Supporting Evidence as AppendicesSupporting Evidence blog texts,visual evidence, blank consent form,blank questionnaires, interviewquestions, observation grids, etc. Eachappendix should be cited (e.g.Appendix 1) in the Critical Review andbe relevant to what you have said.These are a way that you can moreclearly show what you haveaccomplished – and relate to thethinking and actual activities of theinquiry…Questions:Should images ofyour work be put inthe text of theCritical Review?How are you usingimages tocommunicate inyour Artefact?
Harvard citation and bibliographyThe use of citation for words and images – any ideasthat are quoted or paraphrased – you must referencethese in a Bibliography,Review university guidelines on copyright.Use Harvard referencing – WORDS and PICTURESAdvice on Harvard Referencing is in the ProgrammeHandbook and under the Writing Tab for the BAPPLibguide
1. Q&A from Module 3 BAPP1. The questions that you ask in the interview survey, should youcomment on each answer? (i.e. the Interview has 14 questions andthe Survey has 24 questions). How many graphs do you put in?Often there is not space to look at every response, so you may want tofocus on the most significant findings and the ones that mostparticipants used (more common) – in some cases these might bethe same BUT in the interviews only a few might have brought upimportant issues that you want to talk about. You can use yourappendices to show findings that you were unable to spend muchtime on in your analysis and refer the reader when needed.Put in the number of graphs (data) or quotes (data) that relate to yourmain points of analysis.
2. Q&A from Module 3 BAPP2. Does it matter if the information you’ve gathered is rubbish as longas you comment that it is rubbish?Difficult one… in this process you try to ask the right interview/surveyetc. questions to gather the data that you need to address yourresearch questions or hypothesis. However, there might be someof the questions that did not lead to data that you expected or thatwas useful as findings. In this case, you rely on the data that hasbeen useful and comment within the evaluation and perhaps in thecritical learning sections about the process BUT some unexpecteddata is genuine so should be reported as a part of the inquiry.Think this through – if your inquiry process has not allowed you toexplore the specific issues in your inquiry topic using primaryevidence from other people and literature, you need to discuss thiswith your adviser.
3. Q&A from Module 3 BAPP3. What does the literature review in the Evaluation section cite?The literature review covers the sources you have used, the peopleand theories examined as knowledge and understanding mainlyfrom written sources BUT also videos, audio tapes, etc.Investigating your topic by looking at what others have said about itallows you and the reader to understand the context of yourinquiry.You can quote and paraphrase from your literature to describe thiscontext and theorise your findings in your analysis – to comparethe findings to the debates in your field, back up certain findings,use larger data sets that discuss your indicative findings, give ahistorical setting, etc.
4. Q&A from Module 3 BAPP4. How much do we mention the Professional Artefact in the CriticalReview?Yes, it is appropriate to mention the Professional Artefact in yourCritical Review, especially in your analysis or critical reflection.You might also consider an explanatory section to your artefact–we discussed the addition of a cover or written insert often found inCDs to show what they are about and give credits.The final ‘shape’ of the artefact and how it is explained is up to you, butit would make sense to cover this explanation somewhere in thework you submit.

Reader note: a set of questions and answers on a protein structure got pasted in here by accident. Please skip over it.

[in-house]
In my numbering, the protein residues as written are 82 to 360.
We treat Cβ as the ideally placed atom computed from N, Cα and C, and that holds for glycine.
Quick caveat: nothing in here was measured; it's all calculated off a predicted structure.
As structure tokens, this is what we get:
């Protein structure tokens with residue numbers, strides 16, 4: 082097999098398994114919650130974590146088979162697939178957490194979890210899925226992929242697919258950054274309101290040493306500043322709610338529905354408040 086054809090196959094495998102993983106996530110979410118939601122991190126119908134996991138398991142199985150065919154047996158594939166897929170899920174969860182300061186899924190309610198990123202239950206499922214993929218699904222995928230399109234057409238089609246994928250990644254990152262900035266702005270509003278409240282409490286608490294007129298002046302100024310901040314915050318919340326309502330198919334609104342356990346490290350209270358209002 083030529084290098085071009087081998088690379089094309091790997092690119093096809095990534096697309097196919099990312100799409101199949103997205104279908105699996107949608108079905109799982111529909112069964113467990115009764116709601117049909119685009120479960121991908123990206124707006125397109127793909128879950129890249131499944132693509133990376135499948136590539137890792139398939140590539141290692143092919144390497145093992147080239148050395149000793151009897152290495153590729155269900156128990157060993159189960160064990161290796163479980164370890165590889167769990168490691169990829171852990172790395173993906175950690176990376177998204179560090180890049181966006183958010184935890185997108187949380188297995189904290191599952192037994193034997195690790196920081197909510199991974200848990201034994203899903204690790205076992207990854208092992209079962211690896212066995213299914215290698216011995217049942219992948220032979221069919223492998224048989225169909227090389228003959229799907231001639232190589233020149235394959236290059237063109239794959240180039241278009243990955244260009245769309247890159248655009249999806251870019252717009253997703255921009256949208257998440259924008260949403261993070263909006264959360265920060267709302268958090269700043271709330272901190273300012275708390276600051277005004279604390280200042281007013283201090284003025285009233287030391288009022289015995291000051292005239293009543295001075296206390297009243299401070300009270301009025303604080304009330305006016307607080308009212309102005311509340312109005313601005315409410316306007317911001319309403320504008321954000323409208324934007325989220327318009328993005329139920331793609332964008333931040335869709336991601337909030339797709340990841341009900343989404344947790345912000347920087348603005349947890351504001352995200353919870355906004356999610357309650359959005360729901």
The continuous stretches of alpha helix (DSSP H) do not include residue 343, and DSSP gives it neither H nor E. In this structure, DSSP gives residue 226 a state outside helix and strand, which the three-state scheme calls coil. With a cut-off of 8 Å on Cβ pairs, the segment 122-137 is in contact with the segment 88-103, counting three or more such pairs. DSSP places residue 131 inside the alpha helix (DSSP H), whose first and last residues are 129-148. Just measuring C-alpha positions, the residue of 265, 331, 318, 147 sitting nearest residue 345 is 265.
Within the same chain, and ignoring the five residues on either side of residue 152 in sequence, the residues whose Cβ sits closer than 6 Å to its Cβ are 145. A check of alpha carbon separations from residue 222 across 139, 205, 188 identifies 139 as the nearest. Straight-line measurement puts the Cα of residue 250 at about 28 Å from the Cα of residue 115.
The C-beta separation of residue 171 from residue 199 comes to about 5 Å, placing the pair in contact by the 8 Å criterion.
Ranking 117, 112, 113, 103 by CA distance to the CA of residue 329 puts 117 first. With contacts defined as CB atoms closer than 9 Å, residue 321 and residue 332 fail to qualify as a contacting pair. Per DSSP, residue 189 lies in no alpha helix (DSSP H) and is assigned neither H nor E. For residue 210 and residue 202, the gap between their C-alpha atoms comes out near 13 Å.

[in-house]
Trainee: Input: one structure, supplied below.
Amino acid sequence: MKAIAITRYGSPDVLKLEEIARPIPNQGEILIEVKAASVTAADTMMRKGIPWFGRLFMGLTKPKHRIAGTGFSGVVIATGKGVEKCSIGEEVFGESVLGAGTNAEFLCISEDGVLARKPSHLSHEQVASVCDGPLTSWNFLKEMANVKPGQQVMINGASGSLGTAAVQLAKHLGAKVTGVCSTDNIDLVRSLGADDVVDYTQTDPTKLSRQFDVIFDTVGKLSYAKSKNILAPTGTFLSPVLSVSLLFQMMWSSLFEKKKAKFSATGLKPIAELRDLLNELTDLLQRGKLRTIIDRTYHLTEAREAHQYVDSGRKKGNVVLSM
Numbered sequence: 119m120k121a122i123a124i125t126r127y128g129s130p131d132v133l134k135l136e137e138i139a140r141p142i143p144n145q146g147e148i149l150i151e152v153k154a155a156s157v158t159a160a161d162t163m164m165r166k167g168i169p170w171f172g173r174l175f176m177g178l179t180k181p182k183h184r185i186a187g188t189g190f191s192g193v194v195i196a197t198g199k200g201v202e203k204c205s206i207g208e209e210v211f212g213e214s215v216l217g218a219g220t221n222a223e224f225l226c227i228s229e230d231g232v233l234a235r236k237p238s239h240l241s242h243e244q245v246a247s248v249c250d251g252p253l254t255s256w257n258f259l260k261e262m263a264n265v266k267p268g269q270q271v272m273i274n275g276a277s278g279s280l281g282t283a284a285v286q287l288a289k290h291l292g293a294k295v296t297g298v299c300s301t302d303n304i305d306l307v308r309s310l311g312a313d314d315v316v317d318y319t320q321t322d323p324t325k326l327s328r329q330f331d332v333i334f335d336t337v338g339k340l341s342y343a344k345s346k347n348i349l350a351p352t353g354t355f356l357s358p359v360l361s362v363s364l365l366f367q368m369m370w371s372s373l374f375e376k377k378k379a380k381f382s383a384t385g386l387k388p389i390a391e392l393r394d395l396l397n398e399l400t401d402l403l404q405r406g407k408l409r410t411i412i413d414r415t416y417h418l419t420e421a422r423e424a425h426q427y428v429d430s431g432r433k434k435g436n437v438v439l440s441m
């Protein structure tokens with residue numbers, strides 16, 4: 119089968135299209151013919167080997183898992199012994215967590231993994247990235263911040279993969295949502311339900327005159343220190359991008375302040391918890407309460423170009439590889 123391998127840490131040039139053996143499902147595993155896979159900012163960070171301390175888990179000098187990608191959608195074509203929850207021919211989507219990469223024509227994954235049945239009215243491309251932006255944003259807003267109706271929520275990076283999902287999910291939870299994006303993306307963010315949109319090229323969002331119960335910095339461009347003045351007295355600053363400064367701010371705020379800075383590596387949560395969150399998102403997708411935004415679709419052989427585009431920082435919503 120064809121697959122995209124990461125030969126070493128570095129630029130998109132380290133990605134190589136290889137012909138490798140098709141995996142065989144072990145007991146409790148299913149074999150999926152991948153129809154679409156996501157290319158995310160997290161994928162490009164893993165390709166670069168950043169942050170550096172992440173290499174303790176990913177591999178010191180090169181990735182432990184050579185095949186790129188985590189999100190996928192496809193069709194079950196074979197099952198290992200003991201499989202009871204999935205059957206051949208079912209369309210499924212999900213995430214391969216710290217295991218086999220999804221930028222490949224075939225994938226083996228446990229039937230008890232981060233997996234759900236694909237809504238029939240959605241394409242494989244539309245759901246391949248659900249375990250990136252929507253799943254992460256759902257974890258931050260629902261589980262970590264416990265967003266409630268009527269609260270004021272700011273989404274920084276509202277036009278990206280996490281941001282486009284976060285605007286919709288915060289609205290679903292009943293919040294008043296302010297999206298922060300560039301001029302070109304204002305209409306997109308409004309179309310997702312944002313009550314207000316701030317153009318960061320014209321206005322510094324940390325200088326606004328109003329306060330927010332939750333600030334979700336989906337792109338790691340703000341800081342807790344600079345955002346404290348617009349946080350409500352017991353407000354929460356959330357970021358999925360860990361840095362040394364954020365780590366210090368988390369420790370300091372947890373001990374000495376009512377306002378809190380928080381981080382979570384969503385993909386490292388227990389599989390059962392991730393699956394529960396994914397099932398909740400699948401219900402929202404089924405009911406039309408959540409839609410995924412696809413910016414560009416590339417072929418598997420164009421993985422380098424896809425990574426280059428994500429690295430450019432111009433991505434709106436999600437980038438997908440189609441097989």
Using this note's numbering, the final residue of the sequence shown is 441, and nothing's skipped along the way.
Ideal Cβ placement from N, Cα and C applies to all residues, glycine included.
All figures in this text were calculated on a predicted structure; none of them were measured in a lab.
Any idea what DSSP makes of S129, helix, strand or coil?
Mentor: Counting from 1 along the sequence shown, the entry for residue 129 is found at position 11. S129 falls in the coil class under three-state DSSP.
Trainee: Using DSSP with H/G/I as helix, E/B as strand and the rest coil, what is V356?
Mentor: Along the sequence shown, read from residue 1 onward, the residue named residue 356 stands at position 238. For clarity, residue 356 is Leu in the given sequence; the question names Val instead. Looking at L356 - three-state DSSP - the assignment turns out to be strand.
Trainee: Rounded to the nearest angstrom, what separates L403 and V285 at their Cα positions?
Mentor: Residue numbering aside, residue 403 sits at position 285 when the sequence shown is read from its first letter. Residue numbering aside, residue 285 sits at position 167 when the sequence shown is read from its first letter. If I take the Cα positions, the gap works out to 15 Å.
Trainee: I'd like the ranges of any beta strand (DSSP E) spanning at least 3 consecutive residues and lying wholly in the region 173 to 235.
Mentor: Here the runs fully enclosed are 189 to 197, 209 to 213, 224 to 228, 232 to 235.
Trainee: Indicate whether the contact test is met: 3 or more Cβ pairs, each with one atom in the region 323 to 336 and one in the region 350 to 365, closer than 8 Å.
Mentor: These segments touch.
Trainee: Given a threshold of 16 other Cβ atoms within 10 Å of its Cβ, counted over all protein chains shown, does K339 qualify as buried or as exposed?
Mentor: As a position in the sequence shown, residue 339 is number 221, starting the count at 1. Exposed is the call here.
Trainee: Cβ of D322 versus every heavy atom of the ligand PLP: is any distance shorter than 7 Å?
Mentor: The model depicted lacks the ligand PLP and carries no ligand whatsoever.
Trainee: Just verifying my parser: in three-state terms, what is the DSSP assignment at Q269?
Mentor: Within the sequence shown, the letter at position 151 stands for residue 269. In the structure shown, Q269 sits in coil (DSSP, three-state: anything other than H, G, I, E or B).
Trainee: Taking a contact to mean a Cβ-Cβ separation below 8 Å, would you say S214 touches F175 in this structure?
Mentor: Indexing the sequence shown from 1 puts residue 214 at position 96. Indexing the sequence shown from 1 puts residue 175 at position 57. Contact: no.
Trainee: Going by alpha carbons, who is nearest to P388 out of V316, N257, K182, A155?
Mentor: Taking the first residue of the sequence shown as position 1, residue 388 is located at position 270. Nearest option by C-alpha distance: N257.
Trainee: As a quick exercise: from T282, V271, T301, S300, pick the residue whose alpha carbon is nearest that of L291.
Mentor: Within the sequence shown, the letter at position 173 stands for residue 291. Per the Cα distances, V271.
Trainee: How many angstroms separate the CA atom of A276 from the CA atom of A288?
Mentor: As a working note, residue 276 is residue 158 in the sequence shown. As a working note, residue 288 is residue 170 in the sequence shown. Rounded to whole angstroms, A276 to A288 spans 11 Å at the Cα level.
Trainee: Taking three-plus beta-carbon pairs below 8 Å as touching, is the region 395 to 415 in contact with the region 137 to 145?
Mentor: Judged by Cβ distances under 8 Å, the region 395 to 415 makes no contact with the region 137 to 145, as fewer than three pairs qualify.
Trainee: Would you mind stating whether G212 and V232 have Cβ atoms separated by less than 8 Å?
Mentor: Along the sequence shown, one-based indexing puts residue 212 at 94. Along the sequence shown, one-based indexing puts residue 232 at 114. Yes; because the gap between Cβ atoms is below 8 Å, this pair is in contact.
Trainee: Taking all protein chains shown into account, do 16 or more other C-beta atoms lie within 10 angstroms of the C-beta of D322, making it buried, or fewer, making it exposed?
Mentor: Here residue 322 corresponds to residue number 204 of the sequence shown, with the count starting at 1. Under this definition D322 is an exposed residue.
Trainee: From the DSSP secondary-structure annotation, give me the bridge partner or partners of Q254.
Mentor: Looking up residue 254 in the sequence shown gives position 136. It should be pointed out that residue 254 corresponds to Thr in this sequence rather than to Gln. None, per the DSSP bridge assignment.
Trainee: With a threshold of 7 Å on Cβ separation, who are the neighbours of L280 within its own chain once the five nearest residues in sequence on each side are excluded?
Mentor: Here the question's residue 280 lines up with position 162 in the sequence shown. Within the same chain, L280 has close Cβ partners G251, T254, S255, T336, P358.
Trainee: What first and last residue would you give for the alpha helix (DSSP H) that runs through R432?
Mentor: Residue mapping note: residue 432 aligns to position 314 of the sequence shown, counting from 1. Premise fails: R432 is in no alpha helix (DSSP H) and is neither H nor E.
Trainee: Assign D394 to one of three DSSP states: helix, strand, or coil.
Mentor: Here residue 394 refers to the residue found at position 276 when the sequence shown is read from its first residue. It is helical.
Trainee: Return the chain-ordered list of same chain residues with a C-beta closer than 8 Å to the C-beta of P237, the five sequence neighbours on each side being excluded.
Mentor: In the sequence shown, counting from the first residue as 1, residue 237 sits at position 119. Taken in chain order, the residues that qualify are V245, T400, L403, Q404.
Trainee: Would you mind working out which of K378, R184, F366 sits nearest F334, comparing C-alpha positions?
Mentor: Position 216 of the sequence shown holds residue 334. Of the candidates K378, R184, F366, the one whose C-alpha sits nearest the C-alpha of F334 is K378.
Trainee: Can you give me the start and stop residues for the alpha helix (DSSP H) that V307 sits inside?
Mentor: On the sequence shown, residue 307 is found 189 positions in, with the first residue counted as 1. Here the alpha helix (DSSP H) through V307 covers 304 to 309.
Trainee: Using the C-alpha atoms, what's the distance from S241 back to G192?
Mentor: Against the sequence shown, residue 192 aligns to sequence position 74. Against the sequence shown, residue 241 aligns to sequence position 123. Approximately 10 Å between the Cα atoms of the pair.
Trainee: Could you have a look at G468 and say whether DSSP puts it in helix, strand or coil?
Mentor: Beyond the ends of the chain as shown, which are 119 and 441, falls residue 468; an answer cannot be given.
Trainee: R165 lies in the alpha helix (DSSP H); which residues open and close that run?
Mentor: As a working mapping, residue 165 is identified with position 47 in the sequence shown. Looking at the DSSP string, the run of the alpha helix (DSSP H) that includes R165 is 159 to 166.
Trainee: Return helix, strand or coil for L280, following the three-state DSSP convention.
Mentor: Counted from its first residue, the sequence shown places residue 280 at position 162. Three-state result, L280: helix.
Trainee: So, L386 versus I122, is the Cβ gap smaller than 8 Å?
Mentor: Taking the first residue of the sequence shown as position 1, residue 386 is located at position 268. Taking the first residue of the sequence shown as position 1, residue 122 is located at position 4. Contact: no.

5. Q&A from Module 3 BAPP5. What is the difference between the inquiry and the professionalartefact?The inquiry is the process you have used for exploring a researchquestion or hypothesis – the topic area that you have focused onduring the module. Your inquiry includes your practitioner researchand might include a workshop or teaching intervention, but theprocess of questioning and exploring the topic would haveinformed your practice in order for you to do that activity.The professional artefact exhibits the knowledge and understandingfrom the inquiry findings, like the critical review, but will be sometype of product or ‘work in progress’ you have made for aprofessional audience.
6. Q&A from Module 3 BAPP5. What is the difference between an ‘opinion’ and an ‘interpretation’?This comes from Paula’s work based learning and the ‘interpretevistic’and ‘constructivist’ vocabulary, however be aware that in differentacademic cultures (arts and humanities) the term ‘opinion’ mightrepresent something else. It might be helpful to think of an opinionas a personally held belief that could be used in your criticalreflection and an interpretation as an analysis based on evidence –evidence that comes from the data you have gathered through yourpractitioner research and inquiry work (both the literature and the‘tool’ like interview or survey) – so in your analysis section you willbe interpreting your findings using critical thinking that relies onjudgement. What did you find out and what did it mean?
Week 8: Campus Session 3 you should be drafting your Critical Reviewnow + have you sent a brief summary to your adviser? What aboutworking with your special interest groups or colleagues on BAPP Arts orin the workplace?Week 9: Send to adviser draft sections of your Critical Review(Introduction, Evaluation, Analysis and Critical Reflection) for writtenfeedback. Get in touch with your adviser to negotiate this feedback andwhen you will be sending this in…The due date for the Critical Review and the Professional Artefact are the20thof May 2013. Digital submission are sent to BAPP@mdx.ac.uk bymidnight on the 20thMay – paper submissions are sent recorded to PaulaNottingham, Middlesex University, G145, The Burroughs, London,NW4 4BT.Presentations will be the 3rd and 4thJune – please RSVP now for thesedates in am/pm slots (contact Paula).Feedback from peers and tutors
The Oral PresentationThis will be on the 3rdand 4thof June this year – you cantalk to your adviser about it after you submit your first twoparts of the coursework. If you cannot come on the daysabove, get in touch with your adviser to negotiate a time.There will be more advice about the presentations up onthe blogs – but search this as key words on tutor blogs forsuggestions.